Conversely, narrow heads require the swing itself to do more of the heavy lifting. As a result, these are typically used by higher quality players. If you’re a high handicapper using irons with narrow soles, chances are you’re going to have a tough time getting a consistent ball flight.
So, with these factors in mind, it’s time to dive into what sort of clubs are most suitable for a player of your level.
What are the best golf irons for a high handicapper?
Put simply, you want an iron that’s a little more forgiving. If you’re playing off a higher number, one of the main reasons is that your swing isn’t consistently the same – which means you need a club that isn’t going to punish you too much when your swing is a little off. Otherwise, you’ll find far too many holes ruined by a bad iron shot, the kind that ends up out of bounds with the wrong iron and in a salvageable position from the rough with the right one.
As we mentioned above, you’re going to want clubs with more weight at the bottom of the club – clubs with a thicker sole. This will help you to consistently get the ball in the air. You also likely want to be looking at graphite shafts – these will tend to be a little more forgiving and allow you to gradually improve your game.
It’s important to be honest with yourself. Many high handicappers will want to purchase irons that are typically reserved for better players, in the hope that they will improve and continue to be able to use the same clubs. The problem is, throwing yourself in the deep end in that way makes it difficult to improve in the first place.
Golf Monthly’s Sam Tremlett highlights a number of great options for beginners, and if you run through them you’ll notice that they are, for the most part, thick soled and have graphite shafts. So follow these simple rules, get your clubs custom-fit, and you’ll reap the rewards.
What about for mid-handicappers?
Mid-handicappers are a little more difficult. Professionals and very high level golfers will generally go for steel shafts with a narrow head, less experienced players the opposite. The mid-handicapper can go either way.
Most mid-handicappers are looking to take their game to another level, so if this is you you’re probably looking for a set of irons that will enable you to improve, rather than one which will simply allow you to play to your handicap.
Ideally, you want a club which offers you plenty of distance while maintaining an element of forgiveness for those occasions when you don’t quite hit it as sweetly as you would like. Fortunately, there’s a type of club which fits exactly this bill: the game-improvement iron.
As the Golf Digest article above outlines, these clubs utilise significant amounts of technology to help you get the best of both worlds. And it’s easy to understand why – a huge proportion of the world’s golfers would find themselves in the category of a mid-handicapper. It’s a massive target market, so it’s unsurprising that clubmakers have spent so much time and energy making these clubs work.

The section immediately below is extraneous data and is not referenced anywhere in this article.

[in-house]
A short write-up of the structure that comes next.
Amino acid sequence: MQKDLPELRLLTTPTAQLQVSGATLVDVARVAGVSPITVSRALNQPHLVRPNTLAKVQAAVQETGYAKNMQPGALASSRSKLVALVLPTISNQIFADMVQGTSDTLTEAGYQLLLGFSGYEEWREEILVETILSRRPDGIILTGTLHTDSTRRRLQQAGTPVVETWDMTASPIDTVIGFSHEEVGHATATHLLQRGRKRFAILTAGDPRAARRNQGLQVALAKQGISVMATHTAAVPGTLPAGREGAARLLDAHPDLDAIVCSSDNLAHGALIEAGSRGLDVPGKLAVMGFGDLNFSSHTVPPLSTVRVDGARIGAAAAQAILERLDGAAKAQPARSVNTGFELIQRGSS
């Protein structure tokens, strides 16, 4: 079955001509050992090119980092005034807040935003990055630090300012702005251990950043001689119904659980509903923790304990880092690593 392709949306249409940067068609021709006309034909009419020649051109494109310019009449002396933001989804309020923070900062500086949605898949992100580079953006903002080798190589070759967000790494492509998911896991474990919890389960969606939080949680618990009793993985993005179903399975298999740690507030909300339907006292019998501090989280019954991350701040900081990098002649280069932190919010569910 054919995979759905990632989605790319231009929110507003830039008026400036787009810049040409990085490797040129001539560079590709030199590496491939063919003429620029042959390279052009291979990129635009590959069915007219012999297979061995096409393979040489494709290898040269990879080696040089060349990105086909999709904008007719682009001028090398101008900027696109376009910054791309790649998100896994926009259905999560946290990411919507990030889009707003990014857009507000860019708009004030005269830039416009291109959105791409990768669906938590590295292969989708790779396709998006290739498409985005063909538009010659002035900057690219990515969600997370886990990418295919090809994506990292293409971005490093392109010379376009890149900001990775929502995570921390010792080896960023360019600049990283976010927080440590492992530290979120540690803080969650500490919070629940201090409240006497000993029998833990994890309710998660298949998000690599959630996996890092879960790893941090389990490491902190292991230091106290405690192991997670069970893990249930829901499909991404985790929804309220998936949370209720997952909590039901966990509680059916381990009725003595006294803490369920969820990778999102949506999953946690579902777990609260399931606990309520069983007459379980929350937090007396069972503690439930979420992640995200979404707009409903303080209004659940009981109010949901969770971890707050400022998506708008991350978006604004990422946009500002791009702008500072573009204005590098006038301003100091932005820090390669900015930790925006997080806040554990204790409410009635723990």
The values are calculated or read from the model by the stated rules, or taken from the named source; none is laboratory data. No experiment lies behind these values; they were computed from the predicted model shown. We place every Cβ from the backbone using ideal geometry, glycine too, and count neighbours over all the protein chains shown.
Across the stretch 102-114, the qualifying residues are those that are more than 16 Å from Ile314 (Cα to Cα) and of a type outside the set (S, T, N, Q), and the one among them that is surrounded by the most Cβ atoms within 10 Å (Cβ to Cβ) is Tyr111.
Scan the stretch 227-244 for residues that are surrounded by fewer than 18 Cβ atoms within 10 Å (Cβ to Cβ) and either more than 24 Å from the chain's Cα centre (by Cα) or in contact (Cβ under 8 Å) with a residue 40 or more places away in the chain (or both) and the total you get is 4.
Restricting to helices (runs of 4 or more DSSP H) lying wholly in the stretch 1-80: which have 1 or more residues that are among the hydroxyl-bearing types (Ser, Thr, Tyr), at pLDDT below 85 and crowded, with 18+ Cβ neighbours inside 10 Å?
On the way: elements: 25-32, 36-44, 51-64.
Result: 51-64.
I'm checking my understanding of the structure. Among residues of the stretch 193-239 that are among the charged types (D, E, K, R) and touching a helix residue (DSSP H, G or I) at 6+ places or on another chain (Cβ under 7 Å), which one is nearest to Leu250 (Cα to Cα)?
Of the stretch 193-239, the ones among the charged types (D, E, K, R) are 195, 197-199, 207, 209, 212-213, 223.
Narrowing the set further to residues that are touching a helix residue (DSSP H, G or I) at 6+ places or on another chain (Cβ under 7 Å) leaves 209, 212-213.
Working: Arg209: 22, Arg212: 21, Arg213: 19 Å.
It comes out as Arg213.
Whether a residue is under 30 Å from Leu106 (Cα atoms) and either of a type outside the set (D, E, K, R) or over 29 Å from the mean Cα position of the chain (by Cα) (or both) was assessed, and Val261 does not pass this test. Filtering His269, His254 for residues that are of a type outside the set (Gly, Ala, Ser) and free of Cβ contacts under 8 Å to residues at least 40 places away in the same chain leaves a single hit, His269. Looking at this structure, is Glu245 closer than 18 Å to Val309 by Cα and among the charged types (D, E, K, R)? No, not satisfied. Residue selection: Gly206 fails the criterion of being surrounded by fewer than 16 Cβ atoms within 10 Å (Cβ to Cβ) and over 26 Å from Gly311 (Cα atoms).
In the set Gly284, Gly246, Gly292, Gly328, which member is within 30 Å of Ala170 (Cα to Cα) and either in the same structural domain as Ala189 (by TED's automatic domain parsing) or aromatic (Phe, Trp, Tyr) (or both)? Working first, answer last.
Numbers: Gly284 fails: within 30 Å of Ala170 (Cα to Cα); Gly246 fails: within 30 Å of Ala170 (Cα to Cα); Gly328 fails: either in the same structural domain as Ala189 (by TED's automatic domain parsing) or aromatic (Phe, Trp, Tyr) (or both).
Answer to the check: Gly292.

And if you’re a senior? What clubs should you be using then?
Without wanting to generalize, seniors will generally have slower club speeds – and fair enough too. As a result, steel shafts are going to be inappropriate for the majority of older golfers. Instead, opt for a graphite shaft, something a little lighter and easier to swing. Making graphite shafts an even better option still is the fact that they tend to vibrate less, meaning anyone with arthritis, tendonitis or anything else that comes with a combination of age and too much golf will feel more comfortable with these clubs.
An inevitability of getting older is that your swing is going to change – you probably won’t be able to get the same rotation, and your shot is going to change as a result. Consequently, you want a club that’s going to make it a little easier. While it won’t be the same for every senior, irons with thicker soles are most likely going to be suitable, making it easier to continue getting that high, arcing ball flight even in the presence of an altered swing.
Many people dispute the importance of irons. They aren’t used as regularly as a putter, and they most likely won’t set the ball rolling (hopefully not literally) off the tee on a majority of holes. The reality is, however, every club in your bag is important, and around half of them are going to be irons.
Irons can turn a potentially great hole into a wasted one, or do the opposite and get you out of deep trouble. They are used in such a wide variety of situations, and as a result it’s vital to have a set that you can trust.
The best way to go about ensuring this is to get clubs custom-fit. Not only will this mean your clubs are the right size for you, and you won’t be fighting a losing battle by trying to improve your iron game with an inappropriate set of clubs, but it will also give you the opportunity to speak to somebody in the know about the other elements of your club – for example, the shaft type.
Generally, steel shafts are better for higher-level players and graphite shafts for the other end of the scale, but recent advancements mean the latter are now more widely used even at the professional level, so it’s important to ask questions to determine what you should be looking for.
There’s various other things to consider, too, perhaps most namely the thickness of the sole of your club. Better players tend to be more suited to narrow soles, while thicker soles make it easier to get the ball in the air and are better for beginners, seniors and lower-level players.
All this information can get a little confusing and overwhelming, but if there’s two things that you should take out of this article, it’s these: irons are extremely important to your game, and the most suitable irons for one person may not be the most suitable for another. Remember those points, do your research, and you’ll get a set of irons that will help you to take your game to the next level.